Suggestions from young people for improving engagement and the self-referral process included using young people’s advisory groups and collaborative design workshops, as well as making use of digital technology (including online meetings, websites, using QR codes to signpost sources of support, and ‘chatbots’). Also suggested were well-being hubs into which young people can self-refer, information and awareness-raising sessions, and training and support.

The effective participation of children and young people requires establishing a cycle whereby children and young people are asked for their views, have their views considered and are kept updated on what action has been taken as a result of their feedback.

Weighting of indicators

Some local authorities allocate weighting to indicators to determine the level of support needed, as demonstrated in the case study below and the case study on Monmouthshire’s early identification tool (see annex).

Case study: weighting early identification indicators in Merthyr Tydfil

Merthyr Tydfil’s Engagement, Progression and Co-ordination Team had recognised their early identification processes were not detecting all young people who became NEET. To address this, the EPCs refined their early identification tool, assigning more weighting to certain data indicators, to make their early identification tool more sensitive and accurate.

This included automatically allocating a red risk score to children and young people who had:

  • no information available (learners new to the local authority)
  • attendance below 65%
  • a permanent exclusion
  • exclusion trends of 10 days or more
  • an alternative curriculum
  • 3 or more school moves

EPCs worked with their MIS team to ensure these thresholds were automated within their identification systems. They are now able to run their own reports and are not reliant on the MIS team to do it on their behalf. This is particularly helpful from February to April of each year when EPCs need to identify, as quickly as possible, learners in Year 11 whose risk rating may have slipped unexpectedly into amber or red.

Children and young people identified through this automated process are discussed at pre-16 local partnership meetings, which has helped build up a more holistic view of each individual. The practitioner input at these meetings also enables individuals at risk of youth homelessness to be identified.

The changes to the early identification tool and the new weightings have resulted in the local authority having more accurate ‘at risk’ ratings.


Intersectionality describes how personal characteristics (for example race, class, gender) ‘intersect’ with one another and overlap. Prof. Kimberlé Williams Crenshaw, who coined the term, describes it as ‘a metaphor for understanding the ways that multiple forms of inequality or disadvantage sometimes compound themselves and create obstacles that often are not understood among conventional ways of thinking’. In terms of identifying young people at risk of being NEET or homeless, EPCs and YHCs should consider whether multiple, co-occurring risk indicators mean an individual’s overall risk is exacerbated.

The role of learning providers

Learning providers have a key role to play in the early identification of young people at risk of becoming NEET or homeless. They include schools, PRUs, further education colleges, work-based learning providers and community employability programmes, contracted providers delivering the Jobs Growth Wales+ programme, as well as the voluntary sector (including voluntary youth work organisations).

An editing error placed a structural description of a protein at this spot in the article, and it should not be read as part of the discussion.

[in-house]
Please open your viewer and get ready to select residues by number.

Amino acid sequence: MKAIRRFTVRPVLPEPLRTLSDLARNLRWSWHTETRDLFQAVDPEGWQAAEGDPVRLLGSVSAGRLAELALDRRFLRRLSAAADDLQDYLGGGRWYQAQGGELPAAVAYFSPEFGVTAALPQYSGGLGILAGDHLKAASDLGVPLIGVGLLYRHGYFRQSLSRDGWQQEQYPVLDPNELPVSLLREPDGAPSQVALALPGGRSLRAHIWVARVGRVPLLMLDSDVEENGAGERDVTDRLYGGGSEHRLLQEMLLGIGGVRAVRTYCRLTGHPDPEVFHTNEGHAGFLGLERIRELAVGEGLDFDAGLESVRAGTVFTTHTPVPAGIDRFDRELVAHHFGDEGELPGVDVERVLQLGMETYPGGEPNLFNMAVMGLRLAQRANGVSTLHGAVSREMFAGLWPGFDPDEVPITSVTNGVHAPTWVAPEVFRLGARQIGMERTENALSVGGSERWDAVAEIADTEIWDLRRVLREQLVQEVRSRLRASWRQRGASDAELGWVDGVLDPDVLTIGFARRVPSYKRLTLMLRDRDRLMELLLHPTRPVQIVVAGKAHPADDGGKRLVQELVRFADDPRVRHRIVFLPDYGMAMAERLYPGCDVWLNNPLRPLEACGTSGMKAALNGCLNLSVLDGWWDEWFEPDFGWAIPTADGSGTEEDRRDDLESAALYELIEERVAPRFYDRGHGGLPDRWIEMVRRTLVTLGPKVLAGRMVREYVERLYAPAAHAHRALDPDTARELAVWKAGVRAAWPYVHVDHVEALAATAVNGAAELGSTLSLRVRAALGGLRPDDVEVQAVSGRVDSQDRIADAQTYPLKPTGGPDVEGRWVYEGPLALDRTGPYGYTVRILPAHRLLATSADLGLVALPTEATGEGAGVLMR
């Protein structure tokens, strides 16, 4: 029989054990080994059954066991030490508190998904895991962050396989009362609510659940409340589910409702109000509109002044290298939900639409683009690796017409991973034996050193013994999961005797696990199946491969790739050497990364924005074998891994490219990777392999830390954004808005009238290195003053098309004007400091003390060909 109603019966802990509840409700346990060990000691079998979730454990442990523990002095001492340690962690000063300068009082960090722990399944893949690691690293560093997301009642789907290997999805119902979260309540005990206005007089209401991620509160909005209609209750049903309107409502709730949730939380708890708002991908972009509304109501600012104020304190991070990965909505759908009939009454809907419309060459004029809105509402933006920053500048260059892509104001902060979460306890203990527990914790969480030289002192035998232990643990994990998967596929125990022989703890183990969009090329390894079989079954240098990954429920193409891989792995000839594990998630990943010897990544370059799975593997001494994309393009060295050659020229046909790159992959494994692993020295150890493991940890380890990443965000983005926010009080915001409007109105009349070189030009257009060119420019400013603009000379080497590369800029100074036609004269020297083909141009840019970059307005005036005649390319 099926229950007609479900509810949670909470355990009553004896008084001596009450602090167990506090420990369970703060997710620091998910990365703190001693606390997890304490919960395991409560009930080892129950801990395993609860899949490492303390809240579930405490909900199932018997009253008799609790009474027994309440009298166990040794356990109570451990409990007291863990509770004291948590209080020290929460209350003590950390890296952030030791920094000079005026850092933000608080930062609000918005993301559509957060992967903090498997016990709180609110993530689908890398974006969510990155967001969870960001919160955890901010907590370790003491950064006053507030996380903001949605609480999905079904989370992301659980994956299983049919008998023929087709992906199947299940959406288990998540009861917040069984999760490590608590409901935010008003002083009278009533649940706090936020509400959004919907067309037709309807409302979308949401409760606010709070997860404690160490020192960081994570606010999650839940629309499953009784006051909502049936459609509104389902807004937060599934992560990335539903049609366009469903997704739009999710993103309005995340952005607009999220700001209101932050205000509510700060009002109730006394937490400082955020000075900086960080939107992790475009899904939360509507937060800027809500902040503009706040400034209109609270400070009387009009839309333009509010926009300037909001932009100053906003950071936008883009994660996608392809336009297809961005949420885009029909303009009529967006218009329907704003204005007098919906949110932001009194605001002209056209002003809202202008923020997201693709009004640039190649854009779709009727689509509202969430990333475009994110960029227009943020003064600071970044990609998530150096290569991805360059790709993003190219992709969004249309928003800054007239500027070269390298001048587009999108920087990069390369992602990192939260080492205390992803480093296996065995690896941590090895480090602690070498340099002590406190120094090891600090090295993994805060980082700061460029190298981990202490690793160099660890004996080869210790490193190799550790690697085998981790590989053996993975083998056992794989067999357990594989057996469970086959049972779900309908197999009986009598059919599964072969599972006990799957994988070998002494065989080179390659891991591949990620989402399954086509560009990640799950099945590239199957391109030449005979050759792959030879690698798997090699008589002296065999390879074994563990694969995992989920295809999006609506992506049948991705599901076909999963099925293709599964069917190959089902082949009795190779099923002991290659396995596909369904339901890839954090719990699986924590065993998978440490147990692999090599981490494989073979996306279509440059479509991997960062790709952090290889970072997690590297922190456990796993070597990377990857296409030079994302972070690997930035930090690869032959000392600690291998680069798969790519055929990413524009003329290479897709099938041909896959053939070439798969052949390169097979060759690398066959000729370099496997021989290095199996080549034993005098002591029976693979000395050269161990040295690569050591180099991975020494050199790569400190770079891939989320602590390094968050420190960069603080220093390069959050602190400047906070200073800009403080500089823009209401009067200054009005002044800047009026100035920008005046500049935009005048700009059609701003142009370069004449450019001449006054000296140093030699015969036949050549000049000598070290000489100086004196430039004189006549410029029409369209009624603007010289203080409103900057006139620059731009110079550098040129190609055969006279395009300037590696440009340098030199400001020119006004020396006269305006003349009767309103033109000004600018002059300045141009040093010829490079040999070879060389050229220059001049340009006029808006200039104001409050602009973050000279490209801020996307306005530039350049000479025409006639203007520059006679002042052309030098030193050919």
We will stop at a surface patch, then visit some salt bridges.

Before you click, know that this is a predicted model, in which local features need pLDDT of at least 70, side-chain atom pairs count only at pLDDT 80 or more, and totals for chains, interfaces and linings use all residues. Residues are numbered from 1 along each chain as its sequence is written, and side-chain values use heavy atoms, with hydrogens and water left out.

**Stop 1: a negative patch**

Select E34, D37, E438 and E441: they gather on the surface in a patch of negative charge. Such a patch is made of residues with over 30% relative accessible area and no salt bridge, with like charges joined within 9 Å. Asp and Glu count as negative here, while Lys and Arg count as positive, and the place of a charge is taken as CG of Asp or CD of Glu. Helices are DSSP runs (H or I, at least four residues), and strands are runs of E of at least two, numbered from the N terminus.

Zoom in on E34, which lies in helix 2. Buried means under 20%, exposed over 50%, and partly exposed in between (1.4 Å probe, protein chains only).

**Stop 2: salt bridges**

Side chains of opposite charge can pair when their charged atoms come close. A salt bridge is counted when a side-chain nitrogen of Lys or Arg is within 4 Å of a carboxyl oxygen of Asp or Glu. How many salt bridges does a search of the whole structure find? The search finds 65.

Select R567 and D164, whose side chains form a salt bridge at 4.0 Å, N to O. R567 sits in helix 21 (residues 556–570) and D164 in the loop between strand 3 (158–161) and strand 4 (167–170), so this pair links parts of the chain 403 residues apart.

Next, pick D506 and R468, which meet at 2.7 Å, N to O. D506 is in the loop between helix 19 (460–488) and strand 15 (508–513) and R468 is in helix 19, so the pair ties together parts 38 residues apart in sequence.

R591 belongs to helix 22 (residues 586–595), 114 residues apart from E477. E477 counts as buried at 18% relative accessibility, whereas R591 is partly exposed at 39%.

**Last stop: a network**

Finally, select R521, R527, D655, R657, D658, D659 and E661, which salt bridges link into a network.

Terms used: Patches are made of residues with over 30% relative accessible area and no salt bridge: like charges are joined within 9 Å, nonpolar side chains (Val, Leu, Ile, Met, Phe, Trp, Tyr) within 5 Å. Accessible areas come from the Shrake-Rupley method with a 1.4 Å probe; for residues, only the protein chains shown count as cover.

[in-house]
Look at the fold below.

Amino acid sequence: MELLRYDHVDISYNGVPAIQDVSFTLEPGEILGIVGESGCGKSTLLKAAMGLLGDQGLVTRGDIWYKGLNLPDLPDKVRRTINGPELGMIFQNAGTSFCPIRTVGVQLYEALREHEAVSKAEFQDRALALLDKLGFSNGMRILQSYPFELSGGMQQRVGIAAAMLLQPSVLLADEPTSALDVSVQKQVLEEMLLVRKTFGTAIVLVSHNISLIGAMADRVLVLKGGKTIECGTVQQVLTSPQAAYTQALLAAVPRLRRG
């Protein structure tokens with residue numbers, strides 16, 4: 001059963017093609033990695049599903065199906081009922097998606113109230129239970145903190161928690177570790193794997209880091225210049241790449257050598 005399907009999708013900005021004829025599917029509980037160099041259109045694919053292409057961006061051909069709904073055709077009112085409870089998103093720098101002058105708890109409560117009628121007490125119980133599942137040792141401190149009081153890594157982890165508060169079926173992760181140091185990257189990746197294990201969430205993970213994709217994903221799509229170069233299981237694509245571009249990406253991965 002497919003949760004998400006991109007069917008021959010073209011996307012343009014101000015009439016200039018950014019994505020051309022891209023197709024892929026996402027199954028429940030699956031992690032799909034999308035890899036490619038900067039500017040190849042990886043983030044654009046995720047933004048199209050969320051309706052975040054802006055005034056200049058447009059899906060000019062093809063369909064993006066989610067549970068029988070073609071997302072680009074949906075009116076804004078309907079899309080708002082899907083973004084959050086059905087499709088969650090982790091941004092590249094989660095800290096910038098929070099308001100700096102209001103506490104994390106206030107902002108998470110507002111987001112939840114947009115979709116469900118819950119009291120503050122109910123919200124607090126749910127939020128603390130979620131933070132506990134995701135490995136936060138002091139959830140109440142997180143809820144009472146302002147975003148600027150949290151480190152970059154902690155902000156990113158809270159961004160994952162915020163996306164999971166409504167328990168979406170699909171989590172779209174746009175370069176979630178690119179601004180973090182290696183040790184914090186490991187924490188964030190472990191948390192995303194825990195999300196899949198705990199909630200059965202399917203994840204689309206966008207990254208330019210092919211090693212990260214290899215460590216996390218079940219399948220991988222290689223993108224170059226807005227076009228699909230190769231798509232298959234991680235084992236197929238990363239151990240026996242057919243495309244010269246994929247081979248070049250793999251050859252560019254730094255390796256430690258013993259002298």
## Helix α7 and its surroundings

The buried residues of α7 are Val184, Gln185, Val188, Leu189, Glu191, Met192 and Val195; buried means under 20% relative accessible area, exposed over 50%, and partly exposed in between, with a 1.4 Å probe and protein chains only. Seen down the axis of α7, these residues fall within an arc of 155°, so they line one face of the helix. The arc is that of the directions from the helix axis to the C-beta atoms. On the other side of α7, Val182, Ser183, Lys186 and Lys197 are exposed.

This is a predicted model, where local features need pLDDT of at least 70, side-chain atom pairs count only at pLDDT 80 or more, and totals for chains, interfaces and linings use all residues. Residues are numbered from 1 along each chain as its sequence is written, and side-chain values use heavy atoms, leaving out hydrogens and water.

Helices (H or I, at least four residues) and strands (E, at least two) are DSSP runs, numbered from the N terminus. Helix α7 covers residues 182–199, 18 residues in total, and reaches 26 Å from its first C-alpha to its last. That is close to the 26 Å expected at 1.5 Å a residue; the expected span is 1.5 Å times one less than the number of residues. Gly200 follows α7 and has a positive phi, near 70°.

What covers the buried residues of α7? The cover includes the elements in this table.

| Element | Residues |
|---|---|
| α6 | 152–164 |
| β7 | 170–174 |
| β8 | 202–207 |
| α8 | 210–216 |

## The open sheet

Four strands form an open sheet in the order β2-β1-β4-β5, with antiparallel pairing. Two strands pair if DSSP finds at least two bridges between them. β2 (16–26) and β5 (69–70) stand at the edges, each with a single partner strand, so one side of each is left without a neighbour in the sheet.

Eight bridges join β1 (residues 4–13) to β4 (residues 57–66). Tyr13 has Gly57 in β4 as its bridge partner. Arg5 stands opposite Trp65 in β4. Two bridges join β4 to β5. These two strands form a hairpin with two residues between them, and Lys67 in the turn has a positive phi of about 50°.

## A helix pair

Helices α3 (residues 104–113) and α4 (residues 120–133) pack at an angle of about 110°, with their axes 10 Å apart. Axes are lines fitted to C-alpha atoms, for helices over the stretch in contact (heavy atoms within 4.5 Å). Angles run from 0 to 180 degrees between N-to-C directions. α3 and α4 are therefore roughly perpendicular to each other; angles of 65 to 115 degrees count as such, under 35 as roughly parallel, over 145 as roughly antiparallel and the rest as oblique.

The regular contact that learning providers have with children and young people means they are well-placed to identify risk factors at an early stage. They often have in-depth knowledge of individuals’ circumstances that can be gathered early and shared, as appropriate, within the local partnership to highlight which young people require support, either by sharing appropriate data or through proactive practitioner input.

Roles and responsibilities of learning providers and other organisations involved in the delivery of the Framework are outlined in the Youth Engagement and Progression Framework: Handbook.

Case study: How input from the school helped identify additional issues

‘Jo’, a Year 10 learner, was identified through the local authority’s early identification processes as being at risk of becoming NEET and homeless (with respective red and amber flags). The school provided practitioner input that identified additional periods of non-attendance and exclusions, which hadn’t been part of the local authority’s initial risk assessment. The school also identified other behavioural risk indicators, namely being reactive and avoiding lessons. This additional information increased Jo’s ‘at risk’ scores.

NEET and homelessness prevention workers worked with Jo to help her identify and disclose other personal factors that impacted on her and her family. Jo was struggling with her sexuality, her mother was experiencing legal problems, which had put the family into a precarious financial position, the family was facing eviction and Jo had limited to no contact with her father.

With the agreement of the school a collaborative support plan was developed. The plan covered advocacy, mentoring, a vocational qualification, accommodation-awareness training and training on homelessness, and pastoral and emotional well-being support (which included anger management and self-harm management). The local authority was also able to work with its Youth Engagement and Progression Framework partner organisations to access:

  • additional support